Artisans and crafters often use Coptic binding when creating hand made art journals or other books. Constructing the binding itself is somewhat complex and in class it took a full two hours to sew my pages together. Even knowing the binding technique well, the process would probably require at least 30 minutes. We used 4 needles and waxed linen to sew together our mica pages.

Now, I just need to repeat the process sometime soon, so I don't forget the technique entirely. Diagrams explaining the procedure are decidedly mystifying.


Thursday, January 21, 2010

John C. Campbell Folk School

My first out of town trip planned for 2010 is a long weekend at the John C. Campbell Folk School in Brasstown, North Carolina.

I have never taken a class here, but my mother took two classes several years ago. In one, she learned to spin raw wool into yarn. In the other she made a small, hand carved stool. Classes generally are for either a weekend or are a week in length.

I will be attending a weekend course, a bookbinding class utilizing mica in the book construction.

Daniel Essig will teach the class. He is an artist I have admired for some time. Daniel is known for his creative books and bookbinding techniques.

He first became interested in bookbinding while studying photography at the University of Southern Illinois at Carbondale. He learned Coptic bookbinding, an ancient technology from 4th Century North Africa. His interest was refined at the Penland School of Crafts.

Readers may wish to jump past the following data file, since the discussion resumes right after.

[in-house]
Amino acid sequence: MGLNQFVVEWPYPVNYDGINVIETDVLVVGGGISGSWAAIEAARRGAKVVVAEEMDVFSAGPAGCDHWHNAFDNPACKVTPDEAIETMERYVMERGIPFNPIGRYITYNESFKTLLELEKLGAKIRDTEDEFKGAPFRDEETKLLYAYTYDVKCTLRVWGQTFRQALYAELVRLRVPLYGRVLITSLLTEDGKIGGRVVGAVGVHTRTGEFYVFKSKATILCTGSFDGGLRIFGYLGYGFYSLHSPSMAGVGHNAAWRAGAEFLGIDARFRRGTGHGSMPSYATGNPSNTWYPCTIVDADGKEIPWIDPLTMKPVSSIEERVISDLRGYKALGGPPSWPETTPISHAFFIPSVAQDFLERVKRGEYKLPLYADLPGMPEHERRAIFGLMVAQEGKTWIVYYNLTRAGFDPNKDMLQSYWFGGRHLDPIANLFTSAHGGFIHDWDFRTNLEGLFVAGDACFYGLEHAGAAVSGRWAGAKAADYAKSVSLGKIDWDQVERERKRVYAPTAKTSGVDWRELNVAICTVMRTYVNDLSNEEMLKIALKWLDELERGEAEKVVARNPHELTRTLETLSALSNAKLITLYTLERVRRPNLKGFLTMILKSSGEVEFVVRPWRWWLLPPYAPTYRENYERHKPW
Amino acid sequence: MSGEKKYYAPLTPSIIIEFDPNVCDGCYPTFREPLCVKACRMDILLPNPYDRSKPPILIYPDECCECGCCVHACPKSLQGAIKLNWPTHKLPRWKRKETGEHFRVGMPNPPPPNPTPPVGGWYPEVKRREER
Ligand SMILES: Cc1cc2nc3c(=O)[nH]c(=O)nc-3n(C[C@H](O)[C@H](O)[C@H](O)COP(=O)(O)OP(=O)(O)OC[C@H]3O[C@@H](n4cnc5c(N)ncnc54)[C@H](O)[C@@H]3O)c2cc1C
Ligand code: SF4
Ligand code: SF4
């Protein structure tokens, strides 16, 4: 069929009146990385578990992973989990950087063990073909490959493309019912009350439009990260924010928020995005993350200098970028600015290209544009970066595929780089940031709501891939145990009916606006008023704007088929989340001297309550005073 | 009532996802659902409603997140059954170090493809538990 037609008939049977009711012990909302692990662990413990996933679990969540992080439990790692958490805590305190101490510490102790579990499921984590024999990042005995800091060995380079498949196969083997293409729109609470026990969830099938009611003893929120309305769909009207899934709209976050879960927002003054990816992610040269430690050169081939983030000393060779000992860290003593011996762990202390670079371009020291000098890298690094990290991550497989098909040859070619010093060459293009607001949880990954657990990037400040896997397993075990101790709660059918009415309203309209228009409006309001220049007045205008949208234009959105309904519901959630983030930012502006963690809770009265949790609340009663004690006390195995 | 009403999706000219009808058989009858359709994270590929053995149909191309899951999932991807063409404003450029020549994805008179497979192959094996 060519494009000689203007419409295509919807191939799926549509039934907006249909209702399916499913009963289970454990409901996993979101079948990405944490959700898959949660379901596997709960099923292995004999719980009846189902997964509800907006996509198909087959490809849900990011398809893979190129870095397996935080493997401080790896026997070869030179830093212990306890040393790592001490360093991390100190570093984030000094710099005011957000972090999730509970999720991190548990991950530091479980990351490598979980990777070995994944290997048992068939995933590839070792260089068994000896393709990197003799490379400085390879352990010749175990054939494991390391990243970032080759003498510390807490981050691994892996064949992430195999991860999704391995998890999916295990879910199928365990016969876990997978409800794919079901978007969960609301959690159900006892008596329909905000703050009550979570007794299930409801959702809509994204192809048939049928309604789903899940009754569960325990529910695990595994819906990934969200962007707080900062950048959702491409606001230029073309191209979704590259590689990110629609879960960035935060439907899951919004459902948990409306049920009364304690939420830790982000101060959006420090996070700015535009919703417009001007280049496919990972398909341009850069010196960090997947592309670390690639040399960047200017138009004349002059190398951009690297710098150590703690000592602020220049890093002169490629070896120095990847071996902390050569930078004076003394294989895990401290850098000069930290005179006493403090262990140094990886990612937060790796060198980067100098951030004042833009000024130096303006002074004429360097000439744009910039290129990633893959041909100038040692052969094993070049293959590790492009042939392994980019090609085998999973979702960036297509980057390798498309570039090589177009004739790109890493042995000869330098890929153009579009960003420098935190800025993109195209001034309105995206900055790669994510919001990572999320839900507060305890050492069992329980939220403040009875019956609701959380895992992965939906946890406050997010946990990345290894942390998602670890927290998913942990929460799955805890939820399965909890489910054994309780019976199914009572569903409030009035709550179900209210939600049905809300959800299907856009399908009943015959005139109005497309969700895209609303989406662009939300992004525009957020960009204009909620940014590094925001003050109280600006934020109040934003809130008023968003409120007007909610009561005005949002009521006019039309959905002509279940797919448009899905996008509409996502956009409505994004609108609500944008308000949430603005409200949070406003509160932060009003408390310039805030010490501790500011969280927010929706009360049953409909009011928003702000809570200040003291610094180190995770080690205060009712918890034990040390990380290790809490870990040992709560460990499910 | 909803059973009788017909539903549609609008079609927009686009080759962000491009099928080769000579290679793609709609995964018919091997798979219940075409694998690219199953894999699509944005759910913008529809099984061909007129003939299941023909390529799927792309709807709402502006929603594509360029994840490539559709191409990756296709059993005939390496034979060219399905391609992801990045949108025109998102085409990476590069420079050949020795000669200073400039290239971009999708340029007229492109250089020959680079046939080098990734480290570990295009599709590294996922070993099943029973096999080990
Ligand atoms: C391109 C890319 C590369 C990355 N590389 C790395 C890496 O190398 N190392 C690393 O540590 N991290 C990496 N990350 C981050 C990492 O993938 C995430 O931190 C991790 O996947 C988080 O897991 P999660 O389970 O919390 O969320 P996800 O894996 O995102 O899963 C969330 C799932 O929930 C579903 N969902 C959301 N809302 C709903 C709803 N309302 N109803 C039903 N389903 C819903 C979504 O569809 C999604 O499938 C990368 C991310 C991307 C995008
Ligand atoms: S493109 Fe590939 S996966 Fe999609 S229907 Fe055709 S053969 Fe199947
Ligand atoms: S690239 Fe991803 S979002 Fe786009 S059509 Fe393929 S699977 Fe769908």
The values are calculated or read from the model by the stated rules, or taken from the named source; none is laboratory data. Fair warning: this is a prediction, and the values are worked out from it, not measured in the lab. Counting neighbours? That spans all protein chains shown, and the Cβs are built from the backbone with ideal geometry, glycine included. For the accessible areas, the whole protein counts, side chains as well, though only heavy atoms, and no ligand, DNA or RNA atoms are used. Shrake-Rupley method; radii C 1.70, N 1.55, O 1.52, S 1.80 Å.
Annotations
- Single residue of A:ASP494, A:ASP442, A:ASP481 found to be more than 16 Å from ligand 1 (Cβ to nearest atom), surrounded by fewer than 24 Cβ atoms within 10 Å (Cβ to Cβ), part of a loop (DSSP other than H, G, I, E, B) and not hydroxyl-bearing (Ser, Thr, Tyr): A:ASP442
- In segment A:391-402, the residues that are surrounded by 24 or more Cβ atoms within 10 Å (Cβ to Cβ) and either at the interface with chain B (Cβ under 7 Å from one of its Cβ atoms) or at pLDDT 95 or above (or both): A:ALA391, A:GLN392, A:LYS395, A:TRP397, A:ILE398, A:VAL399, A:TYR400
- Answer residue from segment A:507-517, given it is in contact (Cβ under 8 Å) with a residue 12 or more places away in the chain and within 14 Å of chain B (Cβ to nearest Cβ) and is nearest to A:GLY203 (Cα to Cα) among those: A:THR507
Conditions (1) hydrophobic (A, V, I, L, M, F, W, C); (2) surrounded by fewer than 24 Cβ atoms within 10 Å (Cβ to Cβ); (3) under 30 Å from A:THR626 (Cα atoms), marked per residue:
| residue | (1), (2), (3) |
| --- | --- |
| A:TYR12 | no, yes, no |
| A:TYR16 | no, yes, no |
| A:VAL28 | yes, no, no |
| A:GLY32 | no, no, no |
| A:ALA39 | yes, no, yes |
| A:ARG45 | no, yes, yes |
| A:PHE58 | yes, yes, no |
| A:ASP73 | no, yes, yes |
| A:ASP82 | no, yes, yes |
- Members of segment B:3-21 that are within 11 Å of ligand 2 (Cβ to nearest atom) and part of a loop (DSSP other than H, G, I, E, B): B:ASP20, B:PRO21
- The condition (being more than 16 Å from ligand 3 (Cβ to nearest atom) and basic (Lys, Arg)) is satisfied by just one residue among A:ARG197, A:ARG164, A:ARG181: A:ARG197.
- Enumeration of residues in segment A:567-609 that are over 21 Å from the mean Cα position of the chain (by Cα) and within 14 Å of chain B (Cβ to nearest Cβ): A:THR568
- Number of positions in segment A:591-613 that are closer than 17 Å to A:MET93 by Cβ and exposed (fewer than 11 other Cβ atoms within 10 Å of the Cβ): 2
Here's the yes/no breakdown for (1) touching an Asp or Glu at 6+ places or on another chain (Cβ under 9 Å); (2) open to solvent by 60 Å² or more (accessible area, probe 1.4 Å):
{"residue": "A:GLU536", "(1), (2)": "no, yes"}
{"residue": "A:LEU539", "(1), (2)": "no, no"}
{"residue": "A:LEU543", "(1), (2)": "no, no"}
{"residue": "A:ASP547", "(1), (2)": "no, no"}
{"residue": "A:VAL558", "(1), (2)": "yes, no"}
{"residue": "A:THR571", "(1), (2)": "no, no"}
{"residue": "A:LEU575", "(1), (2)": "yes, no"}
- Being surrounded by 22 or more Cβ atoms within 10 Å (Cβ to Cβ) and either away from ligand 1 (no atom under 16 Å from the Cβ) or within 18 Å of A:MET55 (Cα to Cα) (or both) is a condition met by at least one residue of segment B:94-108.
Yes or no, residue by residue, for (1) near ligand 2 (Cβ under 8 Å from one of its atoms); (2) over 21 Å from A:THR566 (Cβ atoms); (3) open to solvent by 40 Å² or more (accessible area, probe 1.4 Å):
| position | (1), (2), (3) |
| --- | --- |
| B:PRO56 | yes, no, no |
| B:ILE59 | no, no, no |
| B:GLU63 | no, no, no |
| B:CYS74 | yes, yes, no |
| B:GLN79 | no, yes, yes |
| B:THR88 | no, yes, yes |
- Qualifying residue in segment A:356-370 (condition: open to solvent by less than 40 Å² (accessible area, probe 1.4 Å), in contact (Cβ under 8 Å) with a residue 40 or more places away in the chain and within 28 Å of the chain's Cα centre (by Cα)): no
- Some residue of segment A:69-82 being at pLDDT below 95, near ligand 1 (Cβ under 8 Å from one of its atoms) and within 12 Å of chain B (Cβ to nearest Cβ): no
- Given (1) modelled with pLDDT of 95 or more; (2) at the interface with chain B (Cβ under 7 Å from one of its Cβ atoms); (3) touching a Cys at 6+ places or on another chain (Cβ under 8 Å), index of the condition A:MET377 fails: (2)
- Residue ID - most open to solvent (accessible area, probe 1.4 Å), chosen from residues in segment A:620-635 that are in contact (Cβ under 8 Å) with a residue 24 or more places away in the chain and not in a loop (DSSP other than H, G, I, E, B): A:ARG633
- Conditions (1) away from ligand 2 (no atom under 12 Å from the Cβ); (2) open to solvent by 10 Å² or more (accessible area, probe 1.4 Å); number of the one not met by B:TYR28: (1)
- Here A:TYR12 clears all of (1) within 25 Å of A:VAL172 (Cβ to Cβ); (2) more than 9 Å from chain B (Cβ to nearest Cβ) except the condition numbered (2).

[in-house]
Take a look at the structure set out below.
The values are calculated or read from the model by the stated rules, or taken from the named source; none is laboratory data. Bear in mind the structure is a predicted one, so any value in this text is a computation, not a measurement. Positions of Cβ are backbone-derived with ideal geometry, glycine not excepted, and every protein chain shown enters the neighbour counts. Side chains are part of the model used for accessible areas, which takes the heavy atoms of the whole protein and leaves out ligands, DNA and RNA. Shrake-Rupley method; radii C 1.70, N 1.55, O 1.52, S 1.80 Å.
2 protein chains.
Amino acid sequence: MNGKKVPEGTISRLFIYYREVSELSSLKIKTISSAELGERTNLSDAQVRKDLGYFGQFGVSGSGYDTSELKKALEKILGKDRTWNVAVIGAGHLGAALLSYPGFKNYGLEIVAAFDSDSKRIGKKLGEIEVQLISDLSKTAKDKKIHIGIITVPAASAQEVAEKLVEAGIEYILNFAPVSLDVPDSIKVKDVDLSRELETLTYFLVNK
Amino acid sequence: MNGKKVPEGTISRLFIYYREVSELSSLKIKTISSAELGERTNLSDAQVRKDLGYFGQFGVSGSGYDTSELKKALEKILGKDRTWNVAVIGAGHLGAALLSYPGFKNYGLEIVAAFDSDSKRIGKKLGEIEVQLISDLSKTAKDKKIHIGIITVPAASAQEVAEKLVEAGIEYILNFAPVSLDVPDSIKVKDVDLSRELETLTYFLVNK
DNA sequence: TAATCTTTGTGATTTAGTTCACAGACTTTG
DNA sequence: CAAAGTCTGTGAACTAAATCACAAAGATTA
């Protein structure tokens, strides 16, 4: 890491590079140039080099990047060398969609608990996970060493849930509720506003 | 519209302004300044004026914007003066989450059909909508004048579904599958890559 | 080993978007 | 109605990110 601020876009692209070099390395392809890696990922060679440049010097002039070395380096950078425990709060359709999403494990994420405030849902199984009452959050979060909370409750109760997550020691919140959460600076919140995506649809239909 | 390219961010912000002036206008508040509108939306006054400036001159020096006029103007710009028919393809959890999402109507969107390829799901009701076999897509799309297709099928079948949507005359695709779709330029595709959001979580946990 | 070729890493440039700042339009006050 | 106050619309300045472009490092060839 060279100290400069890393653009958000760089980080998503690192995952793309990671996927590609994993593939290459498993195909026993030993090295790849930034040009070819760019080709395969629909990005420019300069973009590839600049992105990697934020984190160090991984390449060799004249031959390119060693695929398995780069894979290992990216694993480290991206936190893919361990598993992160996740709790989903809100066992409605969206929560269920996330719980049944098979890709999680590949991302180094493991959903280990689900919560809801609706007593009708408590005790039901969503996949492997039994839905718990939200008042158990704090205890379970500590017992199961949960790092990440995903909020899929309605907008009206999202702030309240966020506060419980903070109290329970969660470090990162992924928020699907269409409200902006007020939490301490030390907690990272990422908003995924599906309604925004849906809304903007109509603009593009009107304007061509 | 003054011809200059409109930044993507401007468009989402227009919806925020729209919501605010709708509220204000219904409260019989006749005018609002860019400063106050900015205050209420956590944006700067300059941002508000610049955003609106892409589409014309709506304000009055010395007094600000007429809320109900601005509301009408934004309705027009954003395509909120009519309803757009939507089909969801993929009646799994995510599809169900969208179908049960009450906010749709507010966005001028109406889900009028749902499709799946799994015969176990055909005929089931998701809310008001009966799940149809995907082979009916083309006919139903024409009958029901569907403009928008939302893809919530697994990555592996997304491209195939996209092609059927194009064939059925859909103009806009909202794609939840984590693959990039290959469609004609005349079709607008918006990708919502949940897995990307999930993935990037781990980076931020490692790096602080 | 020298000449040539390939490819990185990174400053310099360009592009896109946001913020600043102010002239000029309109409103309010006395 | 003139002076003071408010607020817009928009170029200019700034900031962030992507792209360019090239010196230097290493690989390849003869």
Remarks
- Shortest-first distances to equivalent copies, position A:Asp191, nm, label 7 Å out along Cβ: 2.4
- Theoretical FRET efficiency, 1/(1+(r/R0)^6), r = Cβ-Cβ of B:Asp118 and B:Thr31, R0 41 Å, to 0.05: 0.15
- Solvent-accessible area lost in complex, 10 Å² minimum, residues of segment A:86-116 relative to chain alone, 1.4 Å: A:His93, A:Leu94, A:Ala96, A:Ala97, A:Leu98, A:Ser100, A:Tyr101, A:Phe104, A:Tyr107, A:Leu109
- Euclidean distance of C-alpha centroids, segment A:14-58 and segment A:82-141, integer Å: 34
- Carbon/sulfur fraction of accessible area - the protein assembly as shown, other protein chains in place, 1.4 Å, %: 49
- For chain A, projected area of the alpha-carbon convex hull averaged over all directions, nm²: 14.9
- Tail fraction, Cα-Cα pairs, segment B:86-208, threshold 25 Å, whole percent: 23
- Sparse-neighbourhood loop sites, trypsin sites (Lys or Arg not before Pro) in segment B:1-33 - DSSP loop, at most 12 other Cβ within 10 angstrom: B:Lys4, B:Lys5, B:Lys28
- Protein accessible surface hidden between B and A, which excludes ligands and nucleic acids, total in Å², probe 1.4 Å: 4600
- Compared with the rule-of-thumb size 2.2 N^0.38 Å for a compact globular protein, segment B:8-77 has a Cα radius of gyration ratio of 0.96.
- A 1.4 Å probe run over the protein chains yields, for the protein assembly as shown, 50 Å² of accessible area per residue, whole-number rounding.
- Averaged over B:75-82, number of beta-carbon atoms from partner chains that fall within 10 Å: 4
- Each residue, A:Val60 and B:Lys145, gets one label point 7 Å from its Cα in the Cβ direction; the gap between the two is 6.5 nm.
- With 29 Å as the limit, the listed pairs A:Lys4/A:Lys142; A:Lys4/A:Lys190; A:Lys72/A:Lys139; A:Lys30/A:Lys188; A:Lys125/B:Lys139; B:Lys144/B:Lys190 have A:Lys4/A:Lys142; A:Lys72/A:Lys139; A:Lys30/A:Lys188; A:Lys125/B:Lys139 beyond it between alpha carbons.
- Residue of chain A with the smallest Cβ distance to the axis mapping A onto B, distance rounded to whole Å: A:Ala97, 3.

A link to his website is here:
Check it out!

Here is a photo of some of his handmade books and bookbinding tools.
Expect a report and more awesome pictures next week.

See you then!


Tuesday, January 19, 2010


Last summer Babycakes Cupcakery opened in Abingdon, Virginia. Currently it is located in the building on 380 East Main street along with Zazzy'Z (see last week's post).

Babycakes' motto? "Life is uncertain, eat dessert first"

Taking photographs outside Zazzy'Z, I noticed the feathers adorning the windows of Babycakes. Some windows had white feathers and others displayed pink ones. It is not as evident in the image above, as it is in a larger format, but I take pleasure in the way the old, wavy window glass distorts the reflections of the tree limbs.


Sunday, January 10, 2010

Zazzy'Z - A Near Fiasco

This past Sunday afternoon, five of my collage and spray paint works were hung at Zazzy'Z - consider it the grand culmination of half thought-out plans. Last fall, Jan Hurt asked for participants in this show at Zazzy'Z, a local coffee house, bookstore and gallery. I knew that this would push me to frame and get pieces to a finished state, so I agreed to participate.